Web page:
The practice of ultimate frisbee wouldn’t be sustainable without technological support. The Spanish national team, as explained by their coach, couldn’t have been formed without the use of apps like Meetup, which provide clubs with players.

Another alternative sport experiencing significant growth is ultimate frisbee. While it has been around since the 1960s, its resurgence can be attributed more to a paradigm shift than other factors. Ultimate is a team game, but it involves no physical contact. Players must showcase their skills in passing, receiving, or intercepting the disc, all without pressure or intimidation. Moreover, there are no referees. When a contentious play arises, team members must discuss and reach an agreement. If they fail to do so, the disc returns to the last point of agreement. 

These rules have shaped a game that challenges certain aspects of traditional sports. Firstly, it promotes an image where competition is not everything. Winning at all costs is not the objective; one cannot deceive the opponent, and legitimacy of the outcome must be shared. Additionally, the most popular way to play is in mixed-gender teams. With these characteristics, recent social changes have only magnified its appeal. Contemporary society increasingly rejects the ultra-competitive athlete, thriving in high-pressure and stressful matches. These atmospheres are not attractive to young people and their parents alike.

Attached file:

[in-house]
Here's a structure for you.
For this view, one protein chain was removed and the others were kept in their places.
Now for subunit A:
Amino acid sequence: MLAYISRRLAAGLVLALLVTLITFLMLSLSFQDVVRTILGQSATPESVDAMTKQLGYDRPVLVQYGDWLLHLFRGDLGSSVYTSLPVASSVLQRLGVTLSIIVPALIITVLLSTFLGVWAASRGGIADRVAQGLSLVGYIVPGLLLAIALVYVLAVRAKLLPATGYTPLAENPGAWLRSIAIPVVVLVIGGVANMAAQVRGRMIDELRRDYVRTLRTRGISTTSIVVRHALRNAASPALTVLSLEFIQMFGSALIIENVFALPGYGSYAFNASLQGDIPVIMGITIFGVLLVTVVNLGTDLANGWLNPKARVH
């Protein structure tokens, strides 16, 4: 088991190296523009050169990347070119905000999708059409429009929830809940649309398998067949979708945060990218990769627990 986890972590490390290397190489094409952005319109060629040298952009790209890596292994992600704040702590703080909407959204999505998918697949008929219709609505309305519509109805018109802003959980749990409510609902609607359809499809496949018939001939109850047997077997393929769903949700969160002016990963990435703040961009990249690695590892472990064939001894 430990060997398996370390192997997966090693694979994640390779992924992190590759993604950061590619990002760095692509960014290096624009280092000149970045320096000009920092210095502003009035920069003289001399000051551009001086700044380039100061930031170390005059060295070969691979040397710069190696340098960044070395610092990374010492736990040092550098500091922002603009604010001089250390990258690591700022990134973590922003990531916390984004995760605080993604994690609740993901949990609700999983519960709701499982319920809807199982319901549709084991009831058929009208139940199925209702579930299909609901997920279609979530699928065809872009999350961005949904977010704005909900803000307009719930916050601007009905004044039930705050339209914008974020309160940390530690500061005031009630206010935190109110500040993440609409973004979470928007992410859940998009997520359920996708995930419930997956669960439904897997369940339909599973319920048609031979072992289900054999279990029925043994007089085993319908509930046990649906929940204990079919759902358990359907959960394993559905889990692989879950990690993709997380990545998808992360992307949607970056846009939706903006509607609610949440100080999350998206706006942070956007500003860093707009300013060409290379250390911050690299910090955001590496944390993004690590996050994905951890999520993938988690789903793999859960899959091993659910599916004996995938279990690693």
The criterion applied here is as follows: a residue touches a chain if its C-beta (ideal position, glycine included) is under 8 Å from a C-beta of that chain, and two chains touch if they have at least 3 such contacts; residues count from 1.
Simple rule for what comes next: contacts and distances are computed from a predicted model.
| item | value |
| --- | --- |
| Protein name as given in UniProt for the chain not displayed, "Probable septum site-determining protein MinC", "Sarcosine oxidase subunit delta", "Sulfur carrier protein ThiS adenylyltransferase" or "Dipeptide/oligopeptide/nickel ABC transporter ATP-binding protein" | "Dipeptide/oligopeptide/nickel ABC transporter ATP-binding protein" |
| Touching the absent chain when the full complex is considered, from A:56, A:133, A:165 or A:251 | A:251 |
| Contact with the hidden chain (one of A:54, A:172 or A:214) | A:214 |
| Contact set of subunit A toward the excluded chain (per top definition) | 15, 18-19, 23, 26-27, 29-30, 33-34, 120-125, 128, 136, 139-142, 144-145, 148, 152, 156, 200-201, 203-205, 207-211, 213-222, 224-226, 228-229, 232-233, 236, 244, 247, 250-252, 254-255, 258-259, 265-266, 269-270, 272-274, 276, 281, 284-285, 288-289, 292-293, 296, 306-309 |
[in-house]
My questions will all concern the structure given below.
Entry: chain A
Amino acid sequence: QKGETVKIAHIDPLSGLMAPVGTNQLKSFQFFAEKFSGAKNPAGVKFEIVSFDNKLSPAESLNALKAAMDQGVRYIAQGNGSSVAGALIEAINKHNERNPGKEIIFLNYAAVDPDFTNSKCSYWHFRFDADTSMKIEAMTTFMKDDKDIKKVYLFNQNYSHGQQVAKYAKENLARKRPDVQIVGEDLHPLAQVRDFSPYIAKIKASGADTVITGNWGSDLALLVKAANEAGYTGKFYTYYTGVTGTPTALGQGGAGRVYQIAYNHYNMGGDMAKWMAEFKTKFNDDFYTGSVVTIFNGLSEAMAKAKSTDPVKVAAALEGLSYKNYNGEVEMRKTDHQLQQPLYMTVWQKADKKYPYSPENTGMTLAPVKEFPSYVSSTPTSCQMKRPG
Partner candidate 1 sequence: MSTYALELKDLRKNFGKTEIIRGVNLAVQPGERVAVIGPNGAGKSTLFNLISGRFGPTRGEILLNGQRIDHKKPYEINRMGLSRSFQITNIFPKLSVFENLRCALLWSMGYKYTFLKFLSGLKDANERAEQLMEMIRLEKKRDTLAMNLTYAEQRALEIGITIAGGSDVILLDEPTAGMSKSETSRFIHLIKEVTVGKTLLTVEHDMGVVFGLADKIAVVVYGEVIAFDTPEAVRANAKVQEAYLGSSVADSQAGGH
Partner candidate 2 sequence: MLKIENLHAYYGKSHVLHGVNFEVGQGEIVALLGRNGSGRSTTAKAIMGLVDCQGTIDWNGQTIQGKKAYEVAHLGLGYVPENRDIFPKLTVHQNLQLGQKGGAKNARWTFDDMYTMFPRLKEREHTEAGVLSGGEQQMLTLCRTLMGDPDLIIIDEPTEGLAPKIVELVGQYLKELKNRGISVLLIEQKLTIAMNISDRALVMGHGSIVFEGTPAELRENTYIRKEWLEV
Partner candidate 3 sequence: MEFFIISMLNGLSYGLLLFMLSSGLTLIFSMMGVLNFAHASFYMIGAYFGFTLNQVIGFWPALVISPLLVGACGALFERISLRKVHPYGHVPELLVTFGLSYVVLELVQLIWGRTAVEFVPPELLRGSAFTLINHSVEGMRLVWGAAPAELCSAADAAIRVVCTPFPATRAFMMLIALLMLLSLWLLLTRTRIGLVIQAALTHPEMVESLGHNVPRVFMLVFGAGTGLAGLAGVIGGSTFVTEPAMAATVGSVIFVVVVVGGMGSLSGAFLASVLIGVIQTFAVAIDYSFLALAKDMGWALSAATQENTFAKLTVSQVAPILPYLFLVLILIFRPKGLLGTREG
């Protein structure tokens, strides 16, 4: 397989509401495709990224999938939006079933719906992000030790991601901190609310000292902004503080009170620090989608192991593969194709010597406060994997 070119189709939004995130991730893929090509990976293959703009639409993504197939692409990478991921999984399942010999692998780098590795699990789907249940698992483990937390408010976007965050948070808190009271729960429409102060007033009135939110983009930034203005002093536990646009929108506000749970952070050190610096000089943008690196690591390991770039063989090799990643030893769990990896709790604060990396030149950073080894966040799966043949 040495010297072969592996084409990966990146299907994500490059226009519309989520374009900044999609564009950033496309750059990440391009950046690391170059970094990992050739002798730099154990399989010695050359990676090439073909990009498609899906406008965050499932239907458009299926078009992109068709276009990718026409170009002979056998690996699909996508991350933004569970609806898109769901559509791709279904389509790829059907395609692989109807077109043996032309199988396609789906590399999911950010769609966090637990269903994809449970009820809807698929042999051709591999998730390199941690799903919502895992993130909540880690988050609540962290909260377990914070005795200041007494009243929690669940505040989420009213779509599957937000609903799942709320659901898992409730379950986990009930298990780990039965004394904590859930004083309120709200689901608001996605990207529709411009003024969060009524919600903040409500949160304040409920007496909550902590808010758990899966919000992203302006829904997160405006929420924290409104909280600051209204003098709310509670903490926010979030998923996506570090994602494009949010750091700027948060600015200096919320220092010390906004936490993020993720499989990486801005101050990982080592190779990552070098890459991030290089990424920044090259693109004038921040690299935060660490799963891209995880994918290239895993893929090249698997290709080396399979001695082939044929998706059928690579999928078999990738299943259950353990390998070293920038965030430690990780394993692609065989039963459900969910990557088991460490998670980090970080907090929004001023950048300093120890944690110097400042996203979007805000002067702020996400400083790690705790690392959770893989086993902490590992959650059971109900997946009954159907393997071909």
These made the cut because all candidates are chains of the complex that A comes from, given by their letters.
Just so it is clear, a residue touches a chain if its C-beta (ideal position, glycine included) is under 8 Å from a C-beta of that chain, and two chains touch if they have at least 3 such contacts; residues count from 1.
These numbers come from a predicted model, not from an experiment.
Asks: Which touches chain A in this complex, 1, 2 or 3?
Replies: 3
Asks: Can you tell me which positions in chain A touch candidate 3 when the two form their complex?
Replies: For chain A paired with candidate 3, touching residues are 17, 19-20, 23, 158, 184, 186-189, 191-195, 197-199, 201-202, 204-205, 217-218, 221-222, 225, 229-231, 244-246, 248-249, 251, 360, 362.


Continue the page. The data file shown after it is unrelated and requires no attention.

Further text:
Hence, alongside the decline in popularity of sports like American football, which pose significant health risks, ultimate frisbee has become an attractive alternative for a new breed of athletes. It is gaining fame as the ideal sport for those who are not masters of traditional sports, which is actually the majority of people interested in physical activity but not necessarily in the cutthroat world of wins and losses. In ultimate frisbee, as its players often point out, there’s no drama

Not coincidentally, this sport has been chosen for peace projects, fostering reconciliation between Arab and Israeli populations or between Colombians and former FARC members. It has also been considered a platform for gender equality campaigns and LGBTQ+ inclusion. In fact, the American Premier Ultimate League, focused on combating racism and promoting gender equality, was created as a breakaway from the professional American Ultimate Disc League, which they considered less inclusive.

Carles F, the coach of the Spanish national team in this sport, confirms the nature of this game to Barça Innovation Hub: “It’s more emotional, in the sense that the reception is much more welcoming than in any other sport. Clubs are mixed, which is the opposite of many other sports. While testosterone might be positive for football, it’s not the case in ultimate frisbee; competitiveness is oriented positively.”